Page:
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Alliance Burundaise pour la Coopération et le Développement &
Austrian Help Program

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Livestock play a pivotal role in Burundi's agriculture, contributing significantly to food security, smallholder income and maintenance of soil fertility.  As well, livestock play the role of 'savings banks on the hoof', because the majority of small farmers have no access to banking or savings and loan facilities.  Due to ease of care, size, fast reproduction, and decreasing availability of fodder, goats have become the most important livestock breed on small farms in Burundi.

However, as a result of the 1993 civil war and ensuing insecurity, the livestock sector has been decimated and most rural families lost all or most of their livestock.  Because of the importance of livestock in providing manure to the intensified cropping systems of the country, crop production has been adversely affected.  Livestock-based small enterprises have also seriously diminished and technical assistance to reinvigorate them is lacking.   As well, many livestock professionals fled the country or were killed, and those remaining are isolated from information and from resources for upgrading their skills.

In addition, local informal markets where farmers sell livestock and livestock by-products have been destroyed or seriously reduced. These local markets are being replaced, in part, by long distance merchants who pay very low prices to the farmer and sell at very high prices to final consumers.

Adding to these problems, the growing impact of HIV/AIDS and other illnesses are seriously impacting on family structures as well as on whole communities.  Child-headed households, one-parent or grandparent headed-households, street children, and easier induction of youth into rebel forces are the tragic results. 

Finally, now that the 10-year war is coming to an end and a peace accord has been recently signed between the transitional government and the largest rebel group, demobilization and reintegration of ex-combatants – as well as the return of over 500,000 refugees to their homes – will place exceptional demands on the country for livestock, training of returnees and of livestock professionals and other activities that can meet the needs of these returning populations.  Although the challenges are great; the people are  committed to rebuilding their lives & livelihoods.

Burundi is located in central Africa and is one of the most densely inhabited countries in Africa. 

The climate is tropical humid, except along Lake Tanganyika where less rain prevails.  Over 85% of the population are subsistence farmers who practice intensive, mixed farming on small plots.  Livestock - especially goats - are an important part of farming systems, supplying manure, providing meat and prestige, and acting as "savings banks on the hoof".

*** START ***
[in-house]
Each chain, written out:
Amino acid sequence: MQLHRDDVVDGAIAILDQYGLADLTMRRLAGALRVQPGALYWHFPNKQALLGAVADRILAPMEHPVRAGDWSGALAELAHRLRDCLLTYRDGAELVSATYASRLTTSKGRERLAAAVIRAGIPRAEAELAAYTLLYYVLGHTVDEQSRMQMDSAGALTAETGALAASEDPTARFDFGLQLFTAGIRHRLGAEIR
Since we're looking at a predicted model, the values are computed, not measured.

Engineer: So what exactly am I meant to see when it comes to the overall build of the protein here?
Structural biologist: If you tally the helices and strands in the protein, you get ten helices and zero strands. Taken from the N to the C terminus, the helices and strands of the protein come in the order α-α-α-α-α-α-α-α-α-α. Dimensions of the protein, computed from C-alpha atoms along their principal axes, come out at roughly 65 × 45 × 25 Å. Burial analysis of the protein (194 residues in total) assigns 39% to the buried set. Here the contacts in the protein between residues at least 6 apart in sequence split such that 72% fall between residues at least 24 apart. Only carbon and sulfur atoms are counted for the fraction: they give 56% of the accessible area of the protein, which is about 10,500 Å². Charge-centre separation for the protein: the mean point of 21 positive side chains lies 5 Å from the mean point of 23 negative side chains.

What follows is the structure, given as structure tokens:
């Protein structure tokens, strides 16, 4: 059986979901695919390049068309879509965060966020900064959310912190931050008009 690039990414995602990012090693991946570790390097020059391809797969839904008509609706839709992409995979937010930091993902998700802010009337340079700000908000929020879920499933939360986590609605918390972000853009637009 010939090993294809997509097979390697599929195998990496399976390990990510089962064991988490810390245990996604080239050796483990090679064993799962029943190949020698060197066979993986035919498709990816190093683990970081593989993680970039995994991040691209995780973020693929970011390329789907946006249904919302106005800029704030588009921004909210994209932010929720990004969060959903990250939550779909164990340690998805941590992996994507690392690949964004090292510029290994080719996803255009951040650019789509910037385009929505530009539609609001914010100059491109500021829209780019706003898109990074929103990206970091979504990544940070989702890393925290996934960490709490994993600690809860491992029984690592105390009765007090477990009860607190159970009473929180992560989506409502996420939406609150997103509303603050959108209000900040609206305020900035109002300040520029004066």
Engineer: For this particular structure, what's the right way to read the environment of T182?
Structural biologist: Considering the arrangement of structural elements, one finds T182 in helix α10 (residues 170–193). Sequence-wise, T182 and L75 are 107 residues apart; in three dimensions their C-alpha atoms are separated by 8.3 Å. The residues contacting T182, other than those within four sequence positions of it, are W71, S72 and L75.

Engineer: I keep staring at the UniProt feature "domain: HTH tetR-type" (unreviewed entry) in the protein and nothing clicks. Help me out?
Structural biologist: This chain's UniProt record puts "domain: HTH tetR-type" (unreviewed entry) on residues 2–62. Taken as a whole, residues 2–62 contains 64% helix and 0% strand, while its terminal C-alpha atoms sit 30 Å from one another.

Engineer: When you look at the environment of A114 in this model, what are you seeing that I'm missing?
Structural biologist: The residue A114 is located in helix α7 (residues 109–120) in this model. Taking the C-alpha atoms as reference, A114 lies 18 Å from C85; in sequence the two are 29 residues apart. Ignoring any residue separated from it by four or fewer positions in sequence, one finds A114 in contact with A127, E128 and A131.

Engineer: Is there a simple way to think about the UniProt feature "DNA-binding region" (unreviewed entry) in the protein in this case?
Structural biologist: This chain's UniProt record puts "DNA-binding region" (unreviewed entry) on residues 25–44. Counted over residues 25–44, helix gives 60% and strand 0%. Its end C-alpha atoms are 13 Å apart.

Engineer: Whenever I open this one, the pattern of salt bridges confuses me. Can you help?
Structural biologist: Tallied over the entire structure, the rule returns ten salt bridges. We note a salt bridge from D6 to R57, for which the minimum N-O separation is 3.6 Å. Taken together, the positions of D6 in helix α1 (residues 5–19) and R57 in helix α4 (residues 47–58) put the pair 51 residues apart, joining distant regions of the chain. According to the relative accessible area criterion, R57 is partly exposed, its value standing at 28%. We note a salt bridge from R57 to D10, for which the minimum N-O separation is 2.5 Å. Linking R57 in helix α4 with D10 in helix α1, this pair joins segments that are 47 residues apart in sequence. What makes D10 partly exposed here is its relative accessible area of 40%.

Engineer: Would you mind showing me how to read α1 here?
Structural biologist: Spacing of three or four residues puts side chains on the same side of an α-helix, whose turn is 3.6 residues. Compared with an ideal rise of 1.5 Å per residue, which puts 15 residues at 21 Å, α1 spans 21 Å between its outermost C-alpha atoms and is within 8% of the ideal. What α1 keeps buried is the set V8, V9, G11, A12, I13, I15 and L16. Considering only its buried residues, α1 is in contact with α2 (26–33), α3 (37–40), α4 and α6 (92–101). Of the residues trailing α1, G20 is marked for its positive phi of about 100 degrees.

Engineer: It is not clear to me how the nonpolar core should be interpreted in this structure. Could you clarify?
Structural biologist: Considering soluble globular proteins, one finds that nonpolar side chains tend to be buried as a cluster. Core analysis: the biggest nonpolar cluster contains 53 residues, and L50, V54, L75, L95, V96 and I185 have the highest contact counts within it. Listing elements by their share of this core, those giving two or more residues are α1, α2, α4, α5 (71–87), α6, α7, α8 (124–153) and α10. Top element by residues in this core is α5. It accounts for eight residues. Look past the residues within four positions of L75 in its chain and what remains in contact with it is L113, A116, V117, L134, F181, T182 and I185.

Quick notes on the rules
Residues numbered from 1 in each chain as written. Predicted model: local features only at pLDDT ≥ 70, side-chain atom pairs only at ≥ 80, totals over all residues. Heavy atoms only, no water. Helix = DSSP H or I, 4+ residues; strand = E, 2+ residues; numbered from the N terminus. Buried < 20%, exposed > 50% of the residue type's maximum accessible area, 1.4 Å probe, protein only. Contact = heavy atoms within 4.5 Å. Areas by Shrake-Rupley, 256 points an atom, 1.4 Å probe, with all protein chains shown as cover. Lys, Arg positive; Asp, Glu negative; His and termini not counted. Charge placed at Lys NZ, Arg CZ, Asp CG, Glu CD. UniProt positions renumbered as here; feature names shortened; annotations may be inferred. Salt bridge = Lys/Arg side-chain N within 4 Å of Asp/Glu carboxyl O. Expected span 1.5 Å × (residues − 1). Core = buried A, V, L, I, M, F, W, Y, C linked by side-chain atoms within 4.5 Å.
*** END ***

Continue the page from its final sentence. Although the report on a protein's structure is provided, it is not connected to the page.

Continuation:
Ethnic conflict has prevailed for decades, and has resulted in over 200,000 dead, forced 800,000 refugees in Tanzania and other countries, and displaced 525,000 others internally.  Following a peace accord in 2003, a transitional government is now in place, demobilization of ex-rebels is occurring, and armed conflict has greatly reduced in most areas of the country.  Elections are scheduled to take place in early 2005.


Rusizi River & Wetlands

The Project compound is located on the north shore of Lake Tanganyika and is the very green area just at the point of the arrow.  The capital of Bujumbura is located to the right; the large, gray rectangle is the city's very efficient water treatment facility.  The square green area behind the compound and towards the top of the photo is Camp Gakumbu, the major military installation in the area that serves the Congo border area as well as the international airport, which is located at the top and outside of the picture.   Kajaga,  village where we obtain rice straw and other materials, is the brown oblong between the compound and Camp Gakumbu.


The Rusizi River  and wetlands contain many aquatic and land species, including hippopotami, crocodile, various gazelle species, and numerous species of birds.  The small town of Gatumba is to the left of the river, adjacent to the Congo border, and the Project compound is situated just outside of the picture, to the right, adjacent to the lake – about 4 km away.  The fields belonging to inhabitants of Kajaga village, about  1/2 a kilometer in back of the compound, are in the dark green area in the upper right corner of the picture. 

The transit refugee camp that was attacked by forces from the  Congo in mid-August, 2004, is located at the outskirts of Gatumba town.  The UN and Burundi army now send heavily armed convoys and armored vehicles to the area every evening.  In the meantime, an alternative refugee camp is being organized inland, but most of those now at the transit camp in Gatumba want to remain close to the border, in order to keep in touch with family back in the Congo, and cannot be forced to move to safer areas.


Two of the women from a nearby village, who are receiving improved Project bucks together with technical training.


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